Wednesday 26 February 2020

Corona virus finally breaks through

Market performance chart

So the Corona virus has hit the World stock the markets as the bears have exepcted it too for a while.

I have been travelling a lot of late (hence no posts - thanks Nick Drew!) and my twitter and other feeds have long been full of doom-saying Hedge fund managers who have bet bit against the world markets and gone long gold.

They have been rewarded at last with the spread of Corona Virus. Actually, sad as it is the economic hit is already much worse than people realise. China, a huge chunk of the physical global economy in its hands now and much of this has shut down. Electricty demand in China is down by 2%  - but this is a big chunk of the industrial output. This will affect supply chains aroudn the world and of course the oil price as demand sinks for energy.

We can only hope that the virus is controlled by the heavy handed approach of the Communist party. other Countries seem less concerned, the Iranian health minister was interviewed on live TV yesterday whilst sick with the virus.

Even, with control, it seems the Virus will push the world into the recession that has been in the works for a long time. Perhaps by bringing it on early it will be less steep than expected, perhaps too a recession will concentrate the minds of the EU and UK on reality of the need for a deal on trade rather than the current round of grandstanding.


hovis said...

Genuine question - you believe the recession is early CU?

jim said...

At some point governments are going to lose control of CV. They will have to let it rip. Their problem is making the transition from 'woo woo this is highly dangerous', to 'relax, its just flue, spend 3 days in bed'.

This disease looks likely to kill off the same people normal flu kills off every year, so it will be surprising if the overall death rate goes up all that much.

A bit of expectation management is what is needed, otherwise the woo will endanger far more people.

E-K said...

So which of the Unslickers bought gold ?

CityUnslicker said...

Hovis - it is hard to say what is early in the mess of an economy we have gloablly with QE and China printing as mch as it can without a care in the world. Who knows what is real or what the real business cycle is?

E-K - no spare cash for me and as usual am heavily invested in moonshots that always take the worst pasting in a stock market fall!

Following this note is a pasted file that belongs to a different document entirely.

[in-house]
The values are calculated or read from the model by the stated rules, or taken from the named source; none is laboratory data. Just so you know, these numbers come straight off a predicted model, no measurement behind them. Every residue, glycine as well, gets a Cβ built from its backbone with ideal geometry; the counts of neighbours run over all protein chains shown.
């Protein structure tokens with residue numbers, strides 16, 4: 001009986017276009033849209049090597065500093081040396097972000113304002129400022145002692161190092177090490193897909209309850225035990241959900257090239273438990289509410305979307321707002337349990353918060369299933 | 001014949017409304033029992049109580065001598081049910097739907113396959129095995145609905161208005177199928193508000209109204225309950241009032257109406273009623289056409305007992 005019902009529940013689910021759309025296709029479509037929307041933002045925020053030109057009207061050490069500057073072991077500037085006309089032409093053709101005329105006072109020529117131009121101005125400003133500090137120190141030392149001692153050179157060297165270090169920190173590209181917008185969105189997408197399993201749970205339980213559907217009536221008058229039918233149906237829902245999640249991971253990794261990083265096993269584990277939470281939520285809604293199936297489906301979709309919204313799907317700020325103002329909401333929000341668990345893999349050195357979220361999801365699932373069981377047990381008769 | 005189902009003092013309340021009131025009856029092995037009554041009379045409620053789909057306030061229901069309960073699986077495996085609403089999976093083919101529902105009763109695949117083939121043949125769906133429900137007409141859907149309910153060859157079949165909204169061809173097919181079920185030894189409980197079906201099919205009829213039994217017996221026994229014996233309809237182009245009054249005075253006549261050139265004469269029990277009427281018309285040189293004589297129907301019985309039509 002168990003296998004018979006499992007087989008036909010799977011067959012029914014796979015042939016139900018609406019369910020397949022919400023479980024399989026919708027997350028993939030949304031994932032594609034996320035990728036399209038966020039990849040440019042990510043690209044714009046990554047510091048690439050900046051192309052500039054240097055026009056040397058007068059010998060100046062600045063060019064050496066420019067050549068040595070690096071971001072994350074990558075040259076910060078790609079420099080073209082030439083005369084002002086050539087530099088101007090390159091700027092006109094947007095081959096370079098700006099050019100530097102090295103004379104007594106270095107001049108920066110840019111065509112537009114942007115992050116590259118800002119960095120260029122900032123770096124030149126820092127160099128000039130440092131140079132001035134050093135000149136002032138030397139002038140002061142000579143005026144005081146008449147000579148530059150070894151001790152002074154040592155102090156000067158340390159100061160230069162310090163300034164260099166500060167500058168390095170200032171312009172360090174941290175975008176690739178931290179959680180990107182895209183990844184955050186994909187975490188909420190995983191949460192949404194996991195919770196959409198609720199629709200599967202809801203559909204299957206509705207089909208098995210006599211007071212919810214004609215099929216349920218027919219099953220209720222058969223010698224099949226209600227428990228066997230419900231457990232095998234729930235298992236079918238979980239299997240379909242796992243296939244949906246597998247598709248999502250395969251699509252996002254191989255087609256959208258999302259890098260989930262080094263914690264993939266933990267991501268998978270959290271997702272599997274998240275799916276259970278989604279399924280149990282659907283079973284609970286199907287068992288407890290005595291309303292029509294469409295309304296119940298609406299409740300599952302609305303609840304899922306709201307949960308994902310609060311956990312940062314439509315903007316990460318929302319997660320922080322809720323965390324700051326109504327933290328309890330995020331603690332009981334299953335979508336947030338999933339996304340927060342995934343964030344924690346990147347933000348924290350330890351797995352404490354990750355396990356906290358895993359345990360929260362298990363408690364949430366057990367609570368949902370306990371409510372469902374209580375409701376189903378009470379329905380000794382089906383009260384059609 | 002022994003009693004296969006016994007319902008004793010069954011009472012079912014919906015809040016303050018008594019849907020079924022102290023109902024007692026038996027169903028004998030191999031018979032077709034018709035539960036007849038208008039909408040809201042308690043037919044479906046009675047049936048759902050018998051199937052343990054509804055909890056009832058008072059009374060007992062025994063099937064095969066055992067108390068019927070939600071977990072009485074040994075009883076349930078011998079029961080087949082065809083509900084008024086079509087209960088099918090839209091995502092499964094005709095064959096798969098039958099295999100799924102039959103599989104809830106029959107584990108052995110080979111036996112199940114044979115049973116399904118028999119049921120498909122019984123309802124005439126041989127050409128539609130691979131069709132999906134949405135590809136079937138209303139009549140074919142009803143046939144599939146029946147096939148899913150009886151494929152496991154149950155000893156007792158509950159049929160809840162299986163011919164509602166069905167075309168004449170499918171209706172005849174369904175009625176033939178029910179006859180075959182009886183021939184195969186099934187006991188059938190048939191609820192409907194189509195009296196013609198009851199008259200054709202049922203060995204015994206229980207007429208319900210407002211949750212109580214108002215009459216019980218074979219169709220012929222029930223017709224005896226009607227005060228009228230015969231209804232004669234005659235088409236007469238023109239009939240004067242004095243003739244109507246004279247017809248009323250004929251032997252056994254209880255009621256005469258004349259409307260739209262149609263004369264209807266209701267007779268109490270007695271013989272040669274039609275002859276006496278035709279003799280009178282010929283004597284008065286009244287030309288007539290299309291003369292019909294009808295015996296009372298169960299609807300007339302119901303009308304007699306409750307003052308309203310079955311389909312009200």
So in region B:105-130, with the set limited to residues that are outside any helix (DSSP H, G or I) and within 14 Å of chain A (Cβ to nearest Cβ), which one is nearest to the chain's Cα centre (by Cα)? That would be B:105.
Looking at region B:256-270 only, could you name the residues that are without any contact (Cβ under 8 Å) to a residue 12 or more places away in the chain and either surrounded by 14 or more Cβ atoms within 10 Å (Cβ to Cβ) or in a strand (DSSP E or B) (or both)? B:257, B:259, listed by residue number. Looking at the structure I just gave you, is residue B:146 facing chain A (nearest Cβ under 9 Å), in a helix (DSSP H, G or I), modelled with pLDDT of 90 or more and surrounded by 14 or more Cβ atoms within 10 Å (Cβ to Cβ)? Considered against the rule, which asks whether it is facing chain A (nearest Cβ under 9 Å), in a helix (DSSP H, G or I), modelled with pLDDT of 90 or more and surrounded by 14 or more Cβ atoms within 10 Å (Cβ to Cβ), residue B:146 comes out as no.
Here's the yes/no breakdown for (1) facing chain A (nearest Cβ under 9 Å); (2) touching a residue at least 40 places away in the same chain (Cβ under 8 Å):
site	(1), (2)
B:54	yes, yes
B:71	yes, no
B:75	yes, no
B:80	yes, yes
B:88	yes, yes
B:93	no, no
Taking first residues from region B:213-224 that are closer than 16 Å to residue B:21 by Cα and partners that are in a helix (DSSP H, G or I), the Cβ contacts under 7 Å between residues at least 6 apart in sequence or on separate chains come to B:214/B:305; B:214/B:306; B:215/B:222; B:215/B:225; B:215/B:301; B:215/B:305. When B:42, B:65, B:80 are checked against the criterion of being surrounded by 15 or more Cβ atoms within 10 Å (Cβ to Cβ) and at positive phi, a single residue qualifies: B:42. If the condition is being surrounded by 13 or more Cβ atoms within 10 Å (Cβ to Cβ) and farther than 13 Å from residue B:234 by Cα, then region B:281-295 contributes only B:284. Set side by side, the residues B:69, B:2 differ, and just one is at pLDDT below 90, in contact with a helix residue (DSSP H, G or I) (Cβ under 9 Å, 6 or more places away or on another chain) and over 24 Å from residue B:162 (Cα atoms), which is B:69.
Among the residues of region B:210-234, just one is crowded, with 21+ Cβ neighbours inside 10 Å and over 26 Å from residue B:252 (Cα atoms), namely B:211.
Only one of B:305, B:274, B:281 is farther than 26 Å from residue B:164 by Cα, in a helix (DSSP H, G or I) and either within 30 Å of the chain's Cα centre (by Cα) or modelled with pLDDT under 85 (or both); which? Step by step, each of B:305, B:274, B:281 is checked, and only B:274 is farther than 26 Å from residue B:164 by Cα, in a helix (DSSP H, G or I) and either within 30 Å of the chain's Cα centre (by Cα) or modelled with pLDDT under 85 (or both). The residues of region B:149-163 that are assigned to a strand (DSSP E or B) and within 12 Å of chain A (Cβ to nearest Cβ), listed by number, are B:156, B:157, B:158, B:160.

Jim - I find it interesting how much of a global scare this is causing, becuase as you say, it seems pretty ordinary for a bad flu.

Anonymous said...

CU, depends by what you mean by a bad flu. The current mortality rate appears to be similar to that of the 1918 Spanish flu which killed an estimated 40-50 million people worldwide.
Obviously not a large number as a percentage of the world population but not great if you're in your seventies or eighties as the oldest seem most at risk of death.
The transition from scary disease to 'don't worry' will happen according to infection rates, the goal is to defer peak infection until the summer months when the NHS can best cope, but not do too good a job as to defer it until the following winter.

Raedwald said...

The numbers are critical in risk management as far as I can see

1. Transmissability - R0.
Estimates are that Covid-19 has a R0 of 2.3 or greater, which is very infectious. It seems to spread in 3 ways
a - from surfaces or organic contact (e.g. public transport grab rails)
b - In large droplets from coughing, sneezing or spittle
c - airborne, humidity dependent

a and b can be mitigated by behaviour modification
c is the Spring tail-off; Covid, like influenza, seems to like cold air that holds little water vapour. Warm air with higher vapour content inhibits it - hence seasonality.

FFP2 and FFP3 masks are effective against b but not c.

The R0 for pandemic flu means about 40% of people can get away with not contacting it. For Covid, this may be reduced - I've seen estimates for 80% of the population being infected, only 20% escaping.

No doubt someone is turning this into a financial algorhythm, but it doesn't bode well.

On gold, yep, those that bought specie in 2015 will be OK - but just wait for all those who put their money into gold funds to ask for their actual gold. There are strong suspicions that much of it doesn't actually exist.

Matt said...

So, roll the dice time. Sell out like the rest of the sheep (potentially crystallising losses on a rise) or push through and hope it blows over?

jim said...

Buy while the cannons roar, and hope you live.